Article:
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Monday, May 18, 2009


(Pic: Graffitis by Aurélie Biewesch)

Photography exhibition by Aurélie Biewesch running at the Alliance Francaise.

Currently running at the Alliance Francaise in Morningside is an exhibition titled Lomographic Itineraries. Photographer Aurélie Biewesch, who is also a graphic designer, went to the “4 corners of the globe” to search for the authenticity of diverse cultures through the viewfinder of her cameras.

From this passion for the poor-quality photo, more commonly known as “lomography”, intense snapshots both in contrast and colour were born. Her faulty camera bodies encourage instinctive and spontaneous usage. From these come indents of light, halos, superimposition, unexpected colours.

“These results counter the pixel perfect, banal photos without soul that the big photographic companies attempt to sell us. An idea that the graphic designer has always wanted to flee,” she explains.

Whether portraits, landscapes or architecture, Aurélie Biewesch’s lomographies are made up of print textures and graphic matter reinforced by a development technique called “crossed processing”. The proximity of her subjects and the type of camera that she used, such as the Polaroid, allowed her to live and to capture strong moments of exchange, amongst others with the Malgassy population. For the rest, she trusts her instinct and her sharp graphic designers’ eye.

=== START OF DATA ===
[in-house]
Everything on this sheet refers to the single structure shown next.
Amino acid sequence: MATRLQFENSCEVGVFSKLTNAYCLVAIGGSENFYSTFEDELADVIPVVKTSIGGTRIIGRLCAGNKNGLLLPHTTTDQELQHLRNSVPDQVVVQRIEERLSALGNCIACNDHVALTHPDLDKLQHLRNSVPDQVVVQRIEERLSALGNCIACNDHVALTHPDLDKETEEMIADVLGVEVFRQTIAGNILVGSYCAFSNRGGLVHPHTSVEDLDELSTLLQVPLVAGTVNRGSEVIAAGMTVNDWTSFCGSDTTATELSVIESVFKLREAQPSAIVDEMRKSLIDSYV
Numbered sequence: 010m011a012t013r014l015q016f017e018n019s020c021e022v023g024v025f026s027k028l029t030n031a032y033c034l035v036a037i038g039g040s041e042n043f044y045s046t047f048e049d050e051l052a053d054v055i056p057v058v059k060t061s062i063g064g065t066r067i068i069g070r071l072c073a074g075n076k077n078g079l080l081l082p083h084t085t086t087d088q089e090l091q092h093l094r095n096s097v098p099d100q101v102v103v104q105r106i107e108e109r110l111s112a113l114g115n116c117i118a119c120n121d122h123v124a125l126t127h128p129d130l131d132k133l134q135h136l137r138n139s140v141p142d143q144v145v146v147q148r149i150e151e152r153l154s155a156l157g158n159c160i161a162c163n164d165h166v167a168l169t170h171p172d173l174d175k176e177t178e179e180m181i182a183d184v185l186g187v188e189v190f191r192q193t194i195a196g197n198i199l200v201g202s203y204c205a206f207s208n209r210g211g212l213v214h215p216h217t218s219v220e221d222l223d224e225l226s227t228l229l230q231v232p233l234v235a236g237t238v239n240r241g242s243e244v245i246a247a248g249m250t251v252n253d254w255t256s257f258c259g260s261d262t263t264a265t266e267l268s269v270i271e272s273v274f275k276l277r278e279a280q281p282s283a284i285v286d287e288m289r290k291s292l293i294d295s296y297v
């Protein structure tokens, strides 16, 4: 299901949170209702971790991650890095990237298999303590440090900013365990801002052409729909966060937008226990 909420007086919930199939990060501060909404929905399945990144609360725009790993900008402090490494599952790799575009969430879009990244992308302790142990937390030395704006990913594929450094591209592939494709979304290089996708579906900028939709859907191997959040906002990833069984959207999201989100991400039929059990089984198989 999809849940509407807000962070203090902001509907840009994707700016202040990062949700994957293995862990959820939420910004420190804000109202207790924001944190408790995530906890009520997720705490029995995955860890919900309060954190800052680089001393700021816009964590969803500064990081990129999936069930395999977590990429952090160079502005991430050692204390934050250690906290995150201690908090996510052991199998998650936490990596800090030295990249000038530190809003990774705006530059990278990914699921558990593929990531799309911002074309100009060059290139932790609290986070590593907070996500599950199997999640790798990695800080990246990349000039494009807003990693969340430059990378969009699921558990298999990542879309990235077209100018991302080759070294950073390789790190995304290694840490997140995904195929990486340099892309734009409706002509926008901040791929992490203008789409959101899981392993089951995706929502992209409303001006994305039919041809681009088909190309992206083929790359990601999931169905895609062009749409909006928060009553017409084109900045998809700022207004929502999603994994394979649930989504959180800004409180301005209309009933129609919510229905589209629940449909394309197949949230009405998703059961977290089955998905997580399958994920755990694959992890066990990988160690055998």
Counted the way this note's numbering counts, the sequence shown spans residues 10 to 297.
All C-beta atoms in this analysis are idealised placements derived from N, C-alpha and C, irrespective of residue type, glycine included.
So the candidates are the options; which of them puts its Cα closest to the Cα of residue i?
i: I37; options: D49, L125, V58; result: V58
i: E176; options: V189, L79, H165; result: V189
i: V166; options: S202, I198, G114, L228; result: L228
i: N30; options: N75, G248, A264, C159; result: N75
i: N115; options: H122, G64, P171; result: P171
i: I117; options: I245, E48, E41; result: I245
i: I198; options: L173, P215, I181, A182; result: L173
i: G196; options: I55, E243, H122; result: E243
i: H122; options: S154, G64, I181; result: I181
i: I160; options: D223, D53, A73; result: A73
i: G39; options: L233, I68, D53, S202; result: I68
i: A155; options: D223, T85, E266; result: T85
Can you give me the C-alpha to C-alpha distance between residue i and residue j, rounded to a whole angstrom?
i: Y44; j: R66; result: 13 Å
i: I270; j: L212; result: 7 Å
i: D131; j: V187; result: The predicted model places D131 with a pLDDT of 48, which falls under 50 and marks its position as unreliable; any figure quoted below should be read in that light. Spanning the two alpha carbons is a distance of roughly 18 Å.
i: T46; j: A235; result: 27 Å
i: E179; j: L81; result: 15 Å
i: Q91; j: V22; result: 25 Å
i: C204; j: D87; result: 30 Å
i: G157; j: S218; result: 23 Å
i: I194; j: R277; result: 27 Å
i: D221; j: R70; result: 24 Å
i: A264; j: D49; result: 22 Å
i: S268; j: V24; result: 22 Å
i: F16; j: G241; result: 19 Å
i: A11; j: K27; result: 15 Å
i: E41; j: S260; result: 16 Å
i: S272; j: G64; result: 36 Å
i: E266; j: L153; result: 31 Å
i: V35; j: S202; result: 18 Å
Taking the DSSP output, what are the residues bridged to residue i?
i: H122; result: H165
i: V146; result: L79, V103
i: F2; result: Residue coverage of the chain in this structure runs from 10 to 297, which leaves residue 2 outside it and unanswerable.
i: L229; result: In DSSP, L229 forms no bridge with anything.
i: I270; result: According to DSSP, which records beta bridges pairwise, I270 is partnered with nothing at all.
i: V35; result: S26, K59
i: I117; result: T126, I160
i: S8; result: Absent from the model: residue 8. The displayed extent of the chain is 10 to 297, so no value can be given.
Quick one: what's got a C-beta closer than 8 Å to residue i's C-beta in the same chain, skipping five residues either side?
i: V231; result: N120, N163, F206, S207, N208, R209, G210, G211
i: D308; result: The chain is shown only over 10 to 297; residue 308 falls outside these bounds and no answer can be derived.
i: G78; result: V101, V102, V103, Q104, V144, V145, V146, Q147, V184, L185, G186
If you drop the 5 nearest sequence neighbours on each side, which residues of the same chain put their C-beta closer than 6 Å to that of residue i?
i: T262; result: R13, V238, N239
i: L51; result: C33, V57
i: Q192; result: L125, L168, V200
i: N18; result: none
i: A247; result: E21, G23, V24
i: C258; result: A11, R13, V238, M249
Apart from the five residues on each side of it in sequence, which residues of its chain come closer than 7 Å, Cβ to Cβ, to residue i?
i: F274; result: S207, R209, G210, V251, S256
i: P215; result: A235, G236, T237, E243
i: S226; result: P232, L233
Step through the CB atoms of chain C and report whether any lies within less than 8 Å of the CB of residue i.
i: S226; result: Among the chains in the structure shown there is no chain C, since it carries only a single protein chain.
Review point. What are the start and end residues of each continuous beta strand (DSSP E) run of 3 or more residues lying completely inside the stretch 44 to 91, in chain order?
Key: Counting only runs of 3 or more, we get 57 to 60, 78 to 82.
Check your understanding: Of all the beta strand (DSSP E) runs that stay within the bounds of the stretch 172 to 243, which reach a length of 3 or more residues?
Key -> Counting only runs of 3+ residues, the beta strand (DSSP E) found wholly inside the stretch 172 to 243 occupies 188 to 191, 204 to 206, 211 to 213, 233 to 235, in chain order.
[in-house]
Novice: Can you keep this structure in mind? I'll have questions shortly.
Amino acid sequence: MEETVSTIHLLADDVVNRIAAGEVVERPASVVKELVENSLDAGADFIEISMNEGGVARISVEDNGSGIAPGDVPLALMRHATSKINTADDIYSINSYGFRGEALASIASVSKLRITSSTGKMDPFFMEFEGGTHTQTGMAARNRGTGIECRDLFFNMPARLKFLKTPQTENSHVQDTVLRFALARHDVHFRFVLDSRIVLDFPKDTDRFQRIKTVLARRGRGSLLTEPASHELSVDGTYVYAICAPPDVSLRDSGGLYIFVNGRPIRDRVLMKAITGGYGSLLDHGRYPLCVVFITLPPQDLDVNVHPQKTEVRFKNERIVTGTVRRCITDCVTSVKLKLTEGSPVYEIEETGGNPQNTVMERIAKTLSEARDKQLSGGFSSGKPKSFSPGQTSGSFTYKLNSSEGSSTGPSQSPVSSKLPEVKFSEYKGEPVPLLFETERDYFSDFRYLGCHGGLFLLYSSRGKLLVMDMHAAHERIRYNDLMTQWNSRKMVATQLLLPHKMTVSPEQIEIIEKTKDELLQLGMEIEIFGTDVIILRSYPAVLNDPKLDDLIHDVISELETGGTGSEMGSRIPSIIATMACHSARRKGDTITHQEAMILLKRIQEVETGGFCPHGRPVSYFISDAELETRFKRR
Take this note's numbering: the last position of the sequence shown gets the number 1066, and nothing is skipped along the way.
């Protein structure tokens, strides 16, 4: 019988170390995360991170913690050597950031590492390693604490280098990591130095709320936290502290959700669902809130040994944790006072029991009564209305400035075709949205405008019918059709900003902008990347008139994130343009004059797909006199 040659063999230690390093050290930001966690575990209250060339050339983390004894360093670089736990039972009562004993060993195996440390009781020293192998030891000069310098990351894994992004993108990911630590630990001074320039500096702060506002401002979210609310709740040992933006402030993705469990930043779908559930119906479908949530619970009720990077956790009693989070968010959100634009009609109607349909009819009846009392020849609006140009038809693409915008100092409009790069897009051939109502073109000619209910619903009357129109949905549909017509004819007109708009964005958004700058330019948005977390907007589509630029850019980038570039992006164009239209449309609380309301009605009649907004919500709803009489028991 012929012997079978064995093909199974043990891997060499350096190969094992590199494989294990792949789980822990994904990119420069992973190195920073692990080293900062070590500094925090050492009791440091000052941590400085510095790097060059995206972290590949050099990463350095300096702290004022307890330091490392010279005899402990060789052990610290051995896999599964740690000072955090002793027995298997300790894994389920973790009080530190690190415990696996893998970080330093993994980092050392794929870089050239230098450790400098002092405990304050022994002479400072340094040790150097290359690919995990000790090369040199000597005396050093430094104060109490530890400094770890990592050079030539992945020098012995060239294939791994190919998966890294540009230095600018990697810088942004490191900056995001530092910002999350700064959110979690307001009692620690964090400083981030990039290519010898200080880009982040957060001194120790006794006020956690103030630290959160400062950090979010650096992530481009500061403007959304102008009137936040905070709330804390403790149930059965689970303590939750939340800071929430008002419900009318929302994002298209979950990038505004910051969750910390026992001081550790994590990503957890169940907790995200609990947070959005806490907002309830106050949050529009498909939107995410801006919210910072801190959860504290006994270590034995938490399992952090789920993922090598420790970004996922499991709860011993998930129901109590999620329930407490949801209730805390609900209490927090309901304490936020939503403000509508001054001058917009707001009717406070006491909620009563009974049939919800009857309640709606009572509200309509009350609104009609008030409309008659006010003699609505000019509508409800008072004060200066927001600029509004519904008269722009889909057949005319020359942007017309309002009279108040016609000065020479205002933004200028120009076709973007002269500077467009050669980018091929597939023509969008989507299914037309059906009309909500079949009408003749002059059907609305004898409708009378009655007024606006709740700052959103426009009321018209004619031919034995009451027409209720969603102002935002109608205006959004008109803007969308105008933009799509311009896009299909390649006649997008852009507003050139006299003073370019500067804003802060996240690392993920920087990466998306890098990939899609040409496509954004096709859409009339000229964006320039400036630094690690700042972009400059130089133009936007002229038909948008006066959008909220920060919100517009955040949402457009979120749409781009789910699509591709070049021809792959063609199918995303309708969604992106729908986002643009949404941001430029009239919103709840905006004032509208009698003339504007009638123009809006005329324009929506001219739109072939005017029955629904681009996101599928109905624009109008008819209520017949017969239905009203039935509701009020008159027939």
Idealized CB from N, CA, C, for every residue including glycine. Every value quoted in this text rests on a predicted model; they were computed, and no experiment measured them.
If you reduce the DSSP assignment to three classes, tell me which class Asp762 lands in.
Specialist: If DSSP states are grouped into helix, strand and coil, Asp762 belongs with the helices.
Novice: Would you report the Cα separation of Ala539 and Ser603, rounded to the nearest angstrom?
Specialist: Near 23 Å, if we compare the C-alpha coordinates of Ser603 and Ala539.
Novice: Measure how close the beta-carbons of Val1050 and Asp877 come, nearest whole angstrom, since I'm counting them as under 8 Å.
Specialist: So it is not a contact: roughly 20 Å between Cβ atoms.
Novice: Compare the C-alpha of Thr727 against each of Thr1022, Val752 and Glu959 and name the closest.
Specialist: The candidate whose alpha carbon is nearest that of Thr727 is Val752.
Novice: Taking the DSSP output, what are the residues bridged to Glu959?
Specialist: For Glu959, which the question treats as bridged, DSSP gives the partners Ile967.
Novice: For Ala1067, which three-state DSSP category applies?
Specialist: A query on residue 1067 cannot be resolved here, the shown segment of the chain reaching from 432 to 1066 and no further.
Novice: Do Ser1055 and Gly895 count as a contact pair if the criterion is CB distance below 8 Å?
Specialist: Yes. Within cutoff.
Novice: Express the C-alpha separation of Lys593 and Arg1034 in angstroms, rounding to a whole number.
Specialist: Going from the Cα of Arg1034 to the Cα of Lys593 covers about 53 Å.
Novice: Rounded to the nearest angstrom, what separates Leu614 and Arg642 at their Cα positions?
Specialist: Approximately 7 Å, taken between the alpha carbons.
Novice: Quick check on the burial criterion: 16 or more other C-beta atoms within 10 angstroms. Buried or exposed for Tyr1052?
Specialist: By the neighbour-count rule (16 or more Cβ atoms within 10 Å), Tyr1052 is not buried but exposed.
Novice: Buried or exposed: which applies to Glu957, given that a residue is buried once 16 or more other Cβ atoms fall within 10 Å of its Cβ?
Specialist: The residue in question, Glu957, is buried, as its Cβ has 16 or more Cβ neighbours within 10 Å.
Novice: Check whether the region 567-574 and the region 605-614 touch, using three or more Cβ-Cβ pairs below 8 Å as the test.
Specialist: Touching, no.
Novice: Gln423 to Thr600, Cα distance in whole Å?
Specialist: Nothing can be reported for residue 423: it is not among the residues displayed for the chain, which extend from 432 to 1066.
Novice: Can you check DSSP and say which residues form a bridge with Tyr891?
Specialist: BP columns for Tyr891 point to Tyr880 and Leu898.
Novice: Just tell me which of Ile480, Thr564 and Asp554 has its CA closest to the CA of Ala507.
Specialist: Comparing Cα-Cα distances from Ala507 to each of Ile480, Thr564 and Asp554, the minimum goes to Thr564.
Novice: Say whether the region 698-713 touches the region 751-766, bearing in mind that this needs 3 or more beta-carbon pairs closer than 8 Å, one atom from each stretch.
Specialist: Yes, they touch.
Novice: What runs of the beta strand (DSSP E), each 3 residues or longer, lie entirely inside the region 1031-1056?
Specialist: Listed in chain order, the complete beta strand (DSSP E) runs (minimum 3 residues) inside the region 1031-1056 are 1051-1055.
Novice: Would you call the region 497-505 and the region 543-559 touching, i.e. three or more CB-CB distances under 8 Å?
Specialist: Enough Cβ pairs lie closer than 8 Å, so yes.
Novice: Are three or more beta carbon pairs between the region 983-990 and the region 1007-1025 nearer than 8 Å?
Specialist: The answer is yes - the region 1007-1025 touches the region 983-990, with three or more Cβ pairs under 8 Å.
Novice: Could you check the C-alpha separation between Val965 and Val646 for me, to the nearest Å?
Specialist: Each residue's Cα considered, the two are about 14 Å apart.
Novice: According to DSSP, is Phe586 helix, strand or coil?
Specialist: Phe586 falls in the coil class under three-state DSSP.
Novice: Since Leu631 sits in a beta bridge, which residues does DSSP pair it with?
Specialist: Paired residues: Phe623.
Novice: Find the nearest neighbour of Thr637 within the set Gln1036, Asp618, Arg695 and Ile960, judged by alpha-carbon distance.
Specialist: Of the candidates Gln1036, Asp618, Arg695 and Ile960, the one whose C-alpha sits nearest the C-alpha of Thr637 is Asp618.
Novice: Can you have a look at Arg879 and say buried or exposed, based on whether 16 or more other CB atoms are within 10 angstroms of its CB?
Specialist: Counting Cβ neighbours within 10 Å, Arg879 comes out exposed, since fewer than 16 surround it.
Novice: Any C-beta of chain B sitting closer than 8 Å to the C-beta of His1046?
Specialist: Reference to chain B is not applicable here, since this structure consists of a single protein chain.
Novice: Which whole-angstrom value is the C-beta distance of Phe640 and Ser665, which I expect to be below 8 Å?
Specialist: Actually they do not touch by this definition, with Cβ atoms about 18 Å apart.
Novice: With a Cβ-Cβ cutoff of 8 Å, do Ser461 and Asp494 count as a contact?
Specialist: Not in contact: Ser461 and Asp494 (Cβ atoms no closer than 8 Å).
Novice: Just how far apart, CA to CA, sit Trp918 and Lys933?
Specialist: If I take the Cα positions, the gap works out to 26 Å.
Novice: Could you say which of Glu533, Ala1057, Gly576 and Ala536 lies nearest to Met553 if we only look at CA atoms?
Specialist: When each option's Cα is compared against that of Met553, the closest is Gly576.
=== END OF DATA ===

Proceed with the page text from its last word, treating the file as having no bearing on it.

Aurélie Biewesch studies art in Paris and has a diploma from the Gobelins School of image and Graphics. She has worked as a graphic designer in Paris and New York for various graphic design studios and then for two years she worked for the French Cultural Cooperation in the Seychelles. She has been practicing photography for ten years. Her first camera, a second-hand Konica, was given to her by her grandfather for a study trip in Marrakech.

Lomographic Itineraries runs until June 5 and the Alliance Francaise is situated at 22 Sutton Crescent, Durban. More information on 031 312 9582.